The Great Banana War may be one of the more absurd trade disputes to have set America and Europe at each other's throats, but it could be one of the last of its kind, as well.
Early this month, the United States began imposing 100 percent duties on a range of luxury imports from the European Union. The action makes the targeted goods prohibitively expensive in retaliation for the way Europe favors banana imports from its former Caribbean colonies over South American bananas grown by US companies such as Chiquita.
The targeted goods, worth $520 million, range from cashmere sweaters made in Scotland to French handbags, Greek feta and Italian pecorino cheeses, and German coffeemakers.
Whether the EU banana import regime is in line with rules set by the World Trade Organization (WTO) is still a matter of dispute. But behind all the arguments about how many thousands of tons of bananas should be subject to which import tariffs lies a decades-old sense of guilt.
Europe gives preferential treatment to Caribbean banana exports for the same reason that it gives hundreds of millions of dollars in development aid each year to its former colonial possessions.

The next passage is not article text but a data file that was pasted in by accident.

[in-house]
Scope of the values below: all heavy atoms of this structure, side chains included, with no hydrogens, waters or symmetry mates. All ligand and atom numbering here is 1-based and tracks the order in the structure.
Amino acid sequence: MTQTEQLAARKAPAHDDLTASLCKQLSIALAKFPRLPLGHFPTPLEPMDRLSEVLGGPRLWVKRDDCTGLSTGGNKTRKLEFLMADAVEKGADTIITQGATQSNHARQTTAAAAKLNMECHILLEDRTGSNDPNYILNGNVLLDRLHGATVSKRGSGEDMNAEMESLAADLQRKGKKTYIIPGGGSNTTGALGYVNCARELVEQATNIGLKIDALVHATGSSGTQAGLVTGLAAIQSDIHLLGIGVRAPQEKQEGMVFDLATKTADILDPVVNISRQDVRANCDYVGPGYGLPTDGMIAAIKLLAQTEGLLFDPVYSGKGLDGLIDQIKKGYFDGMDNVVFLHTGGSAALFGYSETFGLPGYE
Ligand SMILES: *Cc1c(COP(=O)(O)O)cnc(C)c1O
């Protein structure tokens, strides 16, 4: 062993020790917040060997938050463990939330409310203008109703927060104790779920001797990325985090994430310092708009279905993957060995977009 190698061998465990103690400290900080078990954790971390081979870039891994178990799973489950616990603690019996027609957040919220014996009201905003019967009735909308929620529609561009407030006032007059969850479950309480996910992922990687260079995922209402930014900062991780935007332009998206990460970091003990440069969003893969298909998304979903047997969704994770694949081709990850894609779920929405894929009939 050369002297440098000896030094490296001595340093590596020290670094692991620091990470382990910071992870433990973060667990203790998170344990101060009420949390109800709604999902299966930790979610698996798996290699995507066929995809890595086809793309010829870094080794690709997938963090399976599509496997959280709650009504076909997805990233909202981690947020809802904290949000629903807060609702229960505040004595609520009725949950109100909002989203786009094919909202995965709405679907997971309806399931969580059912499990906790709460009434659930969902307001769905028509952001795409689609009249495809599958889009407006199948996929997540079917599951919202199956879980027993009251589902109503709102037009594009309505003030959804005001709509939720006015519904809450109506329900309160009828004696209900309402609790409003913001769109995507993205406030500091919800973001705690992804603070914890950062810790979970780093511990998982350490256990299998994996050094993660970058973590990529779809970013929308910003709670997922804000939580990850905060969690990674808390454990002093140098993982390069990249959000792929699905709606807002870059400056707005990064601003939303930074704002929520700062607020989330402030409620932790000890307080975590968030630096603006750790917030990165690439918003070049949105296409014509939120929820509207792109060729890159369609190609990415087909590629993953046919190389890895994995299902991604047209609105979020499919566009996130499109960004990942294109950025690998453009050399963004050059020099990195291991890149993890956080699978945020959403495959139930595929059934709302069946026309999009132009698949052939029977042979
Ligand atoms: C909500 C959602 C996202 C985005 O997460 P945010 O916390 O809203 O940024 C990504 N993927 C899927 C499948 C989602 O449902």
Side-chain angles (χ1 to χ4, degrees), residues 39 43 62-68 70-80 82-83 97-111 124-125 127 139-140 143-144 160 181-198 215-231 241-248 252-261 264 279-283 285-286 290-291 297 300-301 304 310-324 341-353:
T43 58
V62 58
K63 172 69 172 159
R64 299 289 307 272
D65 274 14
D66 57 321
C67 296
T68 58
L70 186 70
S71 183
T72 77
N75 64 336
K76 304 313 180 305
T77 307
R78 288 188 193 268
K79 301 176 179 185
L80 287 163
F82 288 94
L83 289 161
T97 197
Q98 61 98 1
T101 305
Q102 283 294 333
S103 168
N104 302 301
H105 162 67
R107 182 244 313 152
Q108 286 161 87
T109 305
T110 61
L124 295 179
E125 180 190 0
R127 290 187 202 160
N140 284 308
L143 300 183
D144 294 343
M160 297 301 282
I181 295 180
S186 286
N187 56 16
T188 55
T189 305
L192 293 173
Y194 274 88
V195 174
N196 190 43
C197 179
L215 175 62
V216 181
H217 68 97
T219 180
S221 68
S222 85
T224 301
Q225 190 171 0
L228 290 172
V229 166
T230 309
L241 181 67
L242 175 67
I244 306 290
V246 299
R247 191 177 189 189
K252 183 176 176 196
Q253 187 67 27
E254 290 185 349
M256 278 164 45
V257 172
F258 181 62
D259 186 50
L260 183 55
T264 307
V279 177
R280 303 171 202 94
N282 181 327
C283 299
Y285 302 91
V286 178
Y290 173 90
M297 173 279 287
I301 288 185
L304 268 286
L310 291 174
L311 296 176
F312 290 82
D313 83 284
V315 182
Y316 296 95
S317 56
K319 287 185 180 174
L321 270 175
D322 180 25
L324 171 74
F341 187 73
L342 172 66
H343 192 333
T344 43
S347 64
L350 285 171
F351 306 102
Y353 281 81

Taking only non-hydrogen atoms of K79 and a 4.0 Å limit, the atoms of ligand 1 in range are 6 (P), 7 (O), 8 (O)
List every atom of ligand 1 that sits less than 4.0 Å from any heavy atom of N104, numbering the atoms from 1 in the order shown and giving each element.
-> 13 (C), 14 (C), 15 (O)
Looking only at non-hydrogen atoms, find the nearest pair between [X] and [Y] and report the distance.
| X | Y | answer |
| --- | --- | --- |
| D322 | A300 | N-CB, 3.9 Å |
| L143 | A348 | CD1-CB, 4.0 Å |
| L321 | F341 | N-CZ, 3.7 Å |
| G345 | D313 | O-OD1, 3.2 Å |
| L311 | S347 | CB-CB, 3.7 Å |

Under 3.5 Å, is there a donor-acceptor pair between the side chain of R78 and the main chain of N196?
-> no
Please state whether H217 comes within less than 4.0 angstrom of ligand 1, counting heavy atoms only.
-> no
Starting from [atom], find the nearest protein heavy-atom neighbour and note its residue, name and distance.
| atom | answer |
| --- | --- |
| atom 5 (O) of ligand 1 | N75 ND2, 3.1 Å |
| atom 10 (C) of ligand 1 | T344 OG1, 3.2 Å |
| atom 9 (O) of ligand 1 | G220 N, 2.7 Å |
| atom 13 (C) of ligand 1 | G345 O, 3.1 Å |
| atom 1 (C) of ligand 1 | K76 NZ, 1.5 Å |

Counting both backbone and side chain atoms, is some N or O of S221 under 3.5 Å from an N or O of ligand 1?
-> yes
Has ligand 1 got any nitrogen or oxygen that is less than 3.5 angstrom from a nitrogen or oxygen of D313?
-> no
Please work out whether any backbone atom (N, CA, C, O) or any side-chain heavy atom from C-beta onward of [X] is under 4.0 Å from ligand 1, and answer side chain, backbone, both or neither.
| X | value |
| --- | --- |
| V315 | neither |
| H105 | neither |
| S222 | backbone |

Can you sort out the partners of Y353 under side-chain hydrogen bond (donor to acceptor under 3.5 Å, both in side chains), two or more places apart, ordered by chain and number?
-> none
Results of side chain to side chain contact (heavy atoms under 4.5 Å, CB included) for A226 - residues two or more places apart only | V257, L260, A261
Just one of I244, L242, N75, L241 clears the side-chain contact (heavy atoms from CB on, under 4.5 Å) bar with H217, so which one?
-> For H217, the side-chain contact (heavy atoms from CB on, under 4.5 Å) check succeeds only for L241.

"Historical links were created over time, which were not links of cooperation but between colonizers and colonies," says Maria van Dunem, a spokeswoman for the European Commission, the EU's executive arm.
So the EU guarantees the tiny Caribbean island of Dominica, for example, that it will be able to sell so many bananas in Europe each year, which guarantees Dominican banana farmers' livelihood.
But this infuriates rival banana producers, and EU leaders have concluded that it is not necessarily the best way to help Dominica make its economic way in the world, either.
Rather than encouraging ex-colonies to keep their colonial, raw-material-dependent economies on artificial support to survive, Brussels is working on ways of weaning them off export quotas and duty-exemptions, and into new fields of business and trade.
When the current agreement between the EU and the African, Caribbean, and Pacific (ACP) group runs out next year "we plan to work out a new cooperation structure," says Ms. van Dunem.
"The reality is that preferential treatment for the ACP countries will have to end," she adds. "We'll ask the WTO for some special-case exceptions, but little by little they will have to start playing by the rules, and they have to get ready to manage under those new rules."